How much mercury is contained in a CFL?
Each bulb contains an average of 5 milligrams
of mercury, “which is just enough to cover a ballpoint pen tip
,” says Leslie, associate director of the Lighting Research Center at Rensselaer. “Though it’s nothing to laugh at, unless you wipe up mercury [without gloves] and then lick your hand, you’re probably going to be okay.”
How do CFLs and incandescents compare in terms of electricity consumption?
On average, CFLs require about 25 percent of the electricity as their incandescent counterparts to produce equivalent light. Replacing an incandescent with a CFL ultimately decreases the amount of electricity the nation’s power plants must generate and, in turn, the amount of carbon dioxide—a powerful greenhouse gas—that they emit into the atmosphere.
How much mercury do power plants emit to light a CFL?
About 50 percent of the electricity produced in the U.S. is generated by coal-fired power plants. When coal burns to produce electricity, mercury naturally contained in the coal releases into the air. In 2006, coal-fired power plants produced 1,971 billion kilowatt hours (kwh) of electricity, emitting 50.7 tons of mercury into the air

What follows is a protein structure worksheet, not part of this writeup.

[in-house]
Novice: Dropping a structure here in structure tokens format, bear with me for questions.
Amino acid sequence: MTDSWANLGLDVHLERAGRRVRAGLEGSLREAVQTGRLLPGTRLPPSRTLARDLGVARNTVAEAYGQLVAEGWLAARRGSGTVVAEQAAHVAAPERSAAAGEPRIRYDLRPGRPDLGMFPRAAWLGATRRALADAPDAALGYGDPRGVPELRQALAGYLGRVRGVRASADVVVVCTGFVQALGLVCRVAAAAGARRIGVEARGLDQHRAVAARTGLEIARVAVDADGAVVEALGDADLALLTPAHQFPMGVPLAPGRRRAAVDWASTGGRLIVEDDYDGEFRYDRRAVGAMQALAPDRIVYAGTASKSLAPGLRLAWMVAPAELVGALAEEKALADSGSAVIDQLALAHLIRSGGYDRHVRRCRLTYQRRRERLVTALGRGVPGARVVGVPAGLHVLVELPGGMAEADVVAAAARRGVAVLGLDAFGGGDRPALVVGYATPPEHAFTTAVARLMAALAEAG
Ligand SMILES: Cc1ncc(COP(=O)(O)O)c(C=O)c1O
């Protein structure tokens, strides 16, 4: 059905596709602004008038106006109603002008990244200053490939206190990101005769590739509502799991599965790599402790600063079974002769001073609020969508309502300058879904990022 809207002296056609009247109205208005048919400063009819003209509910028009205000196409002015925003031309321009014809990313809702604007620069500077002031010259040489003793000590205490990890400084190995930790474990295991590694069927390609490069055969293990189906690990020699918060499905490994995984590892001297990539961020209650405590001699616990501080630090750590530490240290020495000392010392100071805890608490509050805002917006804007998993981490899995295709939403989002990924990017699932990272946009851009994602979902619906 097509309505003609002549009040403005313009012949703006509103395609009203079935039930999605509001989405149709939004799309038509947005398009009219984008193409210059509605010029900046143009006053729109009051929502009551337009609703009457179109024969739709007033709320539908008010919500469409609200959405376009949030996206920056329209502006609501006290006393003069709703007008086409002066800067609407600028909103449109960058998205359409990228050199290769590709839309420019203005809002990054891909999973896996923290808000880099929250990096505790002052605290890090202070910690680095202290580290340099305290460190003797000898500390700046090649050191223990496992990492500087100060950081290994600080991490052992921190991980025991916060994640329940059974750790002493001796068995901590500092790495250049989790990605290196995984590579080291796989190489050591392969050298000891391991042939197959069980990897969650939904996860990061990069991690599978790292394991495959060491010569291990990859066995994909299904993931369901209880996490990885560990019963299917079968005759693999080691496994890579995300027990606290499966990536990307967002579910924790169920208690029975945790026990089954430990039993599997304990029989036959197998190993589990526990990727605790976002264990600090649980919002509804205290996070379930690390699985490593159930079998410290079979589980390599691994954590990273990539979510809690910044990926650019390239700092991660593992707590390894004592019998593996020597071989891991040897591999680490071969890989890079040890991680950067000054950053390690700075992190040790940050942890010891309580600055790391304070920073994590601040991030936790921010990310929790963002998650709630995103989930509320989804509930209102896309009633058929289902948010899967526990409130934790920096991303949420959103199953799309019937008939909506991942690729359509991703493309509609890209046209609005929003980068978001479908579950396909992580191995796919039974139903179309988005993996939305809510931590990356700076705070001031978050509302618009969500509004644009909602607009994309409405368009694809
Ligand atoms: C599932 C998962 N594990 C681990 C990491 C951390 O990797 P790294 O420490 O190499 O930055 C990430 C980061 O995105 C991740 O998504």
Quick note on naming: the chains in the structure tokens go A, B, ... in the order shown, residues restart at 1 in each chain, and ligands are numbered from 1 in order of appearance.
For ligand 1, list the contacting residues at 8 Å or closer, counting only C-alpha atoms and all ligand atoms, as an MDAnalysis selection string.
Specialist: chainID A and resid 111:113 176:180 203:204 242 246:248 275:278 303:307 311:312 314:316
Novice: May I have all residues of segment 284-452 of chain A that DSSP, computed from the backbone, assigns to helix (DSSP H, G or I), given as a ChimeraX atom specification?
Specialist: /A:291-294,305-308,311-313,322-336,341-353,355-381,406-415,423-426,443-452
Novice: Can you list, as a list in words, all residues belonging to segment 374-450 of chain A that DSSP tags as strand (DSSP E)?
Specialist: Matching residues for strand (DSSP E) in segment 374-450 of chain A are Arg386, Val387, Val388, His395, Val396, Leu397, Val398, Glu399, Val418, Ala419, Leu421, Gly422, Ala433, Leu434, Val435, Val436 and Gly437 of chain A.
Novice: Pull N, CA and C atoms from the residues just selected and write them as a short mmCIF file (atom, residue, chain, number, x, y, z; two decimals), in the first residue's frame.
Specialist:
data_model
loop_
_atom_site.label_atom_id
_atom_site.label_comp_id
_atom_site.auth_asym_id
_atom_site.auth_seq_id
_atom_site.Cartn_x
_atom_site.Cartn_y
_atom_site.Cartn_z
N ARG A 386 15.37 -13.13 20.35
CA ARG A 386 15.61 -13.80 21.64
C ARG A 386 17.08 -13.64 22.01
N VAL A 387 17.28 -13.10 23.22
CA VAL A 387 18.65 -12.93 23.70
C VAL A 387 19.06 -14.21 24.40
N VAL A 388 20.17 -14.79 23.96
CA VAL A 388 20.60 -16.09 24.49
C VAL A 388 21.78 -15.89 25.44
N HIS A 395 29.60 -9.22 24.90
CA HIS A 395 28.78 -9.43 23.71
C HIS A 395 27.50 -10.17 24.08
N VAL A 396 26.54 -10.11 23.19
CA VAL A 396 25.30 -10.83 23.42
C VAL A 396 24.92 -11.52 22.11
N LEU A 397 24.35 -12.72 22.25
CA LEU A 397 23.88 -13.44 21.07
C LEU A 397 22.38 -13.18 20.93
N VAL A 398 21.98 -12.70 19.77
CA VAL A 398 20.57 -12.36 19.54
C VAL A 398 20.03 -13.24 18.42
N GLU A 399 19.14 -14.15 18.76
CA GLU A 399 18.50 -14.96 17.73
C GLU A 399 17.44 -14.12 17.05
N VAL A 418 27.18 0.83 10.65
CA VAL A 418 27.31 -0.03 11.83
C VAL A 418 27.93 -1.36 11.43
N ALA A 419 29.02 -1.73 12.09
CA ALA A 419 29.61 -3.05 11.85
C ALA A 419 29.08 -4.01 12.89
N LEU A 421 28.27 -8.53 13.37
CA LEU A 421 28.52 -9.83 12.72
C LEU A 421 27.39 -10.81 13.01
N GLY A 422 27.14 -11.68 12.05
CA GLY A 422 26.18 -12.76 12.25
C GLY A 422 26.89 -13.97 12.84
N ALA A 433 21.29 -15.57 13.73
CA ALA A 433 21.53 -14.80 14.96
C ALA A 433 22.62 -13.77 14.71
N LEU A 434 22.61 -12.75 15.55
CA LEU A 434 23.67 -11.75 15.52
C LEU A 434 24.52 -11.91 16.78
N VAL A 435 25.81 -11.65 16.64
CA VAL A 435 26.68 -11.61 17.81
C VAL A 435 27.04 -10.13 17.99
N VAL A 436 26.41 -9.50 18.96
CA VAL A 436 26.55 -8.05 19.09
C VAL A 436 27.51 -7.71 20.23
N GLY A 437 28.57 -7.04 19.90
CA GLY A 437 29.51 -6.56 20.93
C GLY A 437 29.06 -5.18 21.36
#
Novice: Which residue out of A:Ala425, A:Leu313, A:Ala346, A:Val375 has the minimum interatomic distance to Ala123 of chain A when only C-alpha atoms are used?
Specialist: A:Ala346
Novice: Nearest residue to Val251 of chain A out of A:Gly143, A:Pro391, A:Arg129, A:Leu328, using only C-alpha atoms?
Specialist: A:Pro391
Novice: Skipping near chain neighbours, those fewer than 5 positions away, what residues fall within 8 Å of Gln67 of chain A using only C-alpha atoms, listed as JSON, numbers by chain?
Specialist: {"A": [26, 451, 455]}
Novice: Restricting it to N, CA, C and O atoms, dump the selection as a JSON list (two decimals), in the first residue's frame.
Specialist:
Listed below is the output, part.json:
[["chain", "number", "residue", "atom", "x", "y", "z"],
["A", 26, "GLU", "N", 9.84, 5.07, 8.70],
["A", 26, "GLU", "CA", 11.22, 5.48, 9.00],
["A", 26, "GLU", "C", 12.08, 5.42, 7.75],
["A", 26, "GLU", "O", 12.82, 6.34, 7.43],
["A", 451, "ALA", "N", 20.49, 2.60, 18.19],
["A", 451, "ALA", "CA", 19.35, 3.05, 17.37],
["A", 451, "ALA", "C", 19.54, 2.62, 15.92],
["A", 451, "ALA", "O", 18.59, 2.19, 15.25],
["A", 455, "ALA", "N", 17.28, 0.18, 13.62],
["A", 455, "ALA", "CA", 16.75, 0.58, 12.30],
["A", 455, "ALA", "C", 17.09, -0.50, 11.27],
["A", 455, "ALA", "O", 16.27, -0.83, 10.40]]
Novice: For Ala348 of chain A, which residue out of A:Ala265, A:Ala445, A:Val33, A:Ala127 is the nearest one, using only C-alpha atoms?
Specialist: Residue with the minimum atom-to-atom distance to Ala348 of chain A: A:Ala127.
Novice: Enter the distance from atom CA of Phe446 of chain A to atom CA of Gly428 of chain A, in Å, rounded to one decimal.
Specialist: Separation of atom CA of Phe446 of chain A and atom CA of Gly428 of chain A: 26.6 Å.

—the equivalent amount of mercury contained in more than 9 billion CFLs (the bulbs emit zero mercury when in use or being handled
Approximately 0.0234 mg of mercury—plus carbon dioxide, sulfur dioxide and nitrogen oxide—releases into the air per 1 kwh of electricity that a coal-fired power plant generates. Over the 7500-hour average range of one CFL, then, a plant will emit 13.16 mg of mercury to sustain a 75-watt incandescent bulb but only 3.51 mg of mercury to sustain a 20-watt CFL
(the lightning equivalent of a 75-watt traditional bulb). Even if the mercury contained in a CFL was directly released into the atmosphere,
an incandescent would still contribute 4.65 more milligrams of mercury into the environment over its lifetime.